The science of ME – what do we know?

There are over 4000 scientific publications on ME and significant progress has been made in the scientific understanding of the disease, particularly in the last 20 years. This list below gives some of  the headline findings:

Inflammation and immune activation are involved. The evidence of chronic T cell activation, increased cytokines, raised oxidative stress, and low natural killer cells point to a chronic state of low-grade immune upregulation.

Infection is important. Illness starts with an acute, infectious-like episode in many patients. The main agents implicated in causing or maintaining the disease include enteroviruses (such as coxsackievirus), Epstein-Barr virus, cytomegalovirus and human herpes virus 6.

Neurocognitive abnormalities are prevalent. It is well established that cognitive problems – mainly with memory, attention/concentration and reaction time – frequently occur.

Endocrine (hormonal) abnormalities can be found. Hypothalamic-pituitary-adrenal axis dysfunction is a well-recognised feature.

Symptoms are serious, and chronic illness is common. We now know that the most common symptoms of ME – including pain, sleep disorders and problems with vision – are day-to-day challenges affecting the quality of life of patients, most of whom endure long-term chronic illness. A significant number of patients (between 10% and 25%) are severely affected – housebound, bedbound or immobile – and severely overlooked.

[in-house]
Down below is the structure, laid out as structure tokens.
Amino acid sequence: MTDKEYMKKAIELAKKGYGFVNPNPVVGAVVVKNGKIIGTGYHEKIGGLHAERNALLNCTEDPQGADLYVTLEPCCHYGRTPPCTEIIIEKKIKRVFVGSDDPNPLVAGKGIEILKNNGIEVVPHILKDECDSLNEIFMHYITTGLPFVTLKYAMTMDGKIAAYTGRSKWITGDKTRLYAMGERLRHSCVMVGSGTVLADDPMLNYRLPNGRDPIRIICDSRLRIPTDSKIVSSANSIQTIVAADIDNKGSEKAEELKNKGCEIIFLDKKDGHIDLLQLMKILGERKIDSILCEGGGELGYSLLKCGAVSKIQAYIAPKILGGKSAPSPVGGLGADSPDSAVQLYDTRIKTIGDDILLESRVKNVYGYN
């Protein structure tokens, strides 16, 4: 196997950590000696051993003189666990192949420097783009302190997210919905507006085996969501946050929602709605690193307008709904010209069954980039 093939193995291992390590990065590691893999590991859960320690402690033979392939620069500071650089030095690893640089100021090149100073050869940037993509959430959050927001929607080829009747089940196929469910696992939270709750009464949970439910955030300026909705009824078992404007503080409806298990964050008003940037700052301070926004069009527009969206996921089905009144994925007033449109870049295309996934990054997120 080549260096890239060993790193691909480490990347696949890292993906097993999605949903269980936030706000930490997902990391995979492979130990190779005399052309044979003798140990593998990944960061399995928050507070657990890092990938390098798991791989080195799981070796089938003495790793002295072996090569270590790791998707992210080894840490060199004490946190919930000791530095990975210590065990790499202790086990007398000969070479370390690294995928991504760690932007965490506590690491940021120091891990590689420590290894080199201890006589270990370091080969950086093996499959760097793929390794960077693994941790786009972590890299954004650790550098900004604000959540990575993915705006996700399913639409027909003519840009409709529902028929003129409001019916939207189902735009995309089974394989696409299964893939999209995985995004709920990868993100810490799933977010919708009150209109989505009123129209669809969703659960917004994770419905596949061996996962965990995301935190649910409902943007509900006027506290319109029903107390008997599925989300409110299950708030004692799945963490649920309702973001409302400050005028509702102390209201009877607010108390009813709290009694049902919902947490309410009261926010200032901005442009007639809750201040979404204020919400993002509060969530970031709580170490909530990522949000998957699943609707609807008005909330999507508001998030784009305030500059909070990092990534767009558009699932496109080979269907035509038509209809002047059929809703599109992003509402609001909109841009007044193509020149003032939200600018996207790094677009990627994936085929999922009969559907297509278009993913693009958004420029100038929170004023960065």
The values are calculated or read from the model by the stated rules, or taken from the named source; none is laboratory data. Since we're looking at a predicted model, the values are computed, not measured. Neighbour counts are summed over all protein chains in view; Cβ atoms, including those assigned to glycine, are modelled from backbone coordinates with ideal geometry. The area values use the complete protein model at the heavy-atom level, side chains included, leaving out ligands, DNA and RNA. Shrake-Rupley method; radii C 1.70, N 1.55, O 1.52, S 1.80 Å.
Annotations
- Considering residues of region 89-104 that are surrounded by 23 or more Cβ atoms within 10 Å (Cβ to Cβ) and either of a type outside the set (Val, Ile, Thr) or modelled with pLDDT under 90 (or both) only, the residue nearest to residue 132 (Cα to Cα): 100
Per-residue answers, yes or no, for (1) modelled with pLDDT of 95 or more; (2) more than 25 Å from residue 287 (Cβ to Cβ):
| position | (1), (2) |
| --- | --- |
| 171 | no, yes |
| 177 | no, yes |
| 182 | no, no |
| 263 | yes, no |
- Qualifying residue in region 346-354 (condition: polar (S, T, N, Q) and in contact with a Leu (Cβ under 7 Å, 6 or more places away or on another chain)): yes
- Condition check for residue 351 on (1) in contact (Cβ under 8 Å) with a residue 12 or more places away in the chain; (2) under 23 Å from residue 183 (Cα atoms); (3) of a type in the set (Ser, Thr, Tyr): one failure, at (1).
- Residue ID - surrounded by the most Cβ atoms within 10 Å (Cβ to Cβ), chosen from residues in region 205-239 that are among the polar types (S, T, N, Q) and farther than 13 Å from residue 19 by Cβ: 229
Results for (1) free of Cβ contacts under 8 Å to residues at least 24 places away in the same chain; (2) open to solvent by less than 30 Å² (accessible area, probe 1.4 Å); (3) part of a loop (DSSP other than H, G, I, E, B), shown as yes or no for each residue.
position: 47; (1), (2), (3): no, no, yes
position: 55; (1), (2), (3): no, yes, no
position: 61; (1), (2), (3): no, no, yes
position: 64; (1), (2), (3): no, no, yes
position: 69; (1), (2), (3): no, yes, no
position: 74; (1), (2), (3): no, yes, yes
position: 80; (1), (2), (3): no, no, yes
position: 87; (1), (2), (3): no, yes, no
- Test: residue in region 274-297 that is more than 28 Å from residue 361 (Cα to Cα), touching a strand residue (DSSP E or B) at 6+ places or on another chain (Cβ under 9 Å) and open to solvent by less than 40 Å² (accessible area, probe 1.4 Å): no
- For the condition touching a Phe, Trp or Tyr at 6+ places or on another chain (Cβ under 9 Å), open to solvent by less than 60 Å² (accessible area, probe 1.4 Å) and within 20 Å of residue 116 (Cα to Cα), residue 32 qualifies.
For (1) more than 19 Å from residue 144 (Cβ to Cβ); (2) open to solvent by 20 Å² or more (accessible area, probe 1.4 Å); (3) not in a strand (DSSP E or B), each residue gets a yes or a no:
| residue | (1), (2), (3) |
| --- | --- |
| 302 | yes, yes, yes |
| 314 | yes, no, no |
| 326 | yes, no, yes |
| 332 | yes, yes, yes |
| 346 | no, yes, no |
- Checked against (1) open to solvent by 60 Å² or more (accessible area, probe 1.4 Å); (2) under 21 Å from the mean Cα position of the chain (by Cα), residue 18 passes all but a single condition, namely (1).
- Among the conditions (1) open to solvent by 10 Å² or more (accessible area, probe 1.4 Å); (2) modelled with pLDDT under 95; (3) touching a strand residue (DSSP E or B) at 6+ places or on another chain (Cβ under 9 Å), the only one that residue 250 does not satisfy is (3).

Psychiatry is not the answer. We know that the illness is not a form of depression, nor a primary psychiatric condition. As in other chronic diseases, psychological interventions can help some people to cope and to manage their symptoms until a cure is found.

Genetic factors play a part, as shown by family and twin studies.

Neurological abnormalities can be detected. There is good evidence of autonomic nervous system dysfunction, including ‘orthostatic intolerance’ which causes problems on standing. Also, brain structure and blood flow abnormalities have been identified, and central sensitization, due to an abnormal increase in the firing of nerve cells in the spine, may be important.

Muscle function is impaired in some patients, with abnormalities to both skeletal muscle and cardiac ‘bioenergetics’.

• Prevalence is high. Epidemiological studies show that ME – under its many different names, such as postviral fatigue syndrome, ME/CFS, chronic fatigue syndrome, chronic fatigue immune dysfunction syndrome etc. – affects around 200,000 people in the UK and 1 million in the USA. This makes the disease more prevalent than multiple sclerosis, systemic lupus and HIV infection.

Biomedical research has made significant progress, but imagine the advances that could be made by a concerted effort to fund programs of research across the globe! Our strategy for ME has to mirror that of other illnesses, such as cancer, which obtains most of its revenue (£500 million per year in the UK) from private sources and ground-level fundraising. It is a huge task, but much can be achieved by a determined effort to mobilise the resources of the wider community.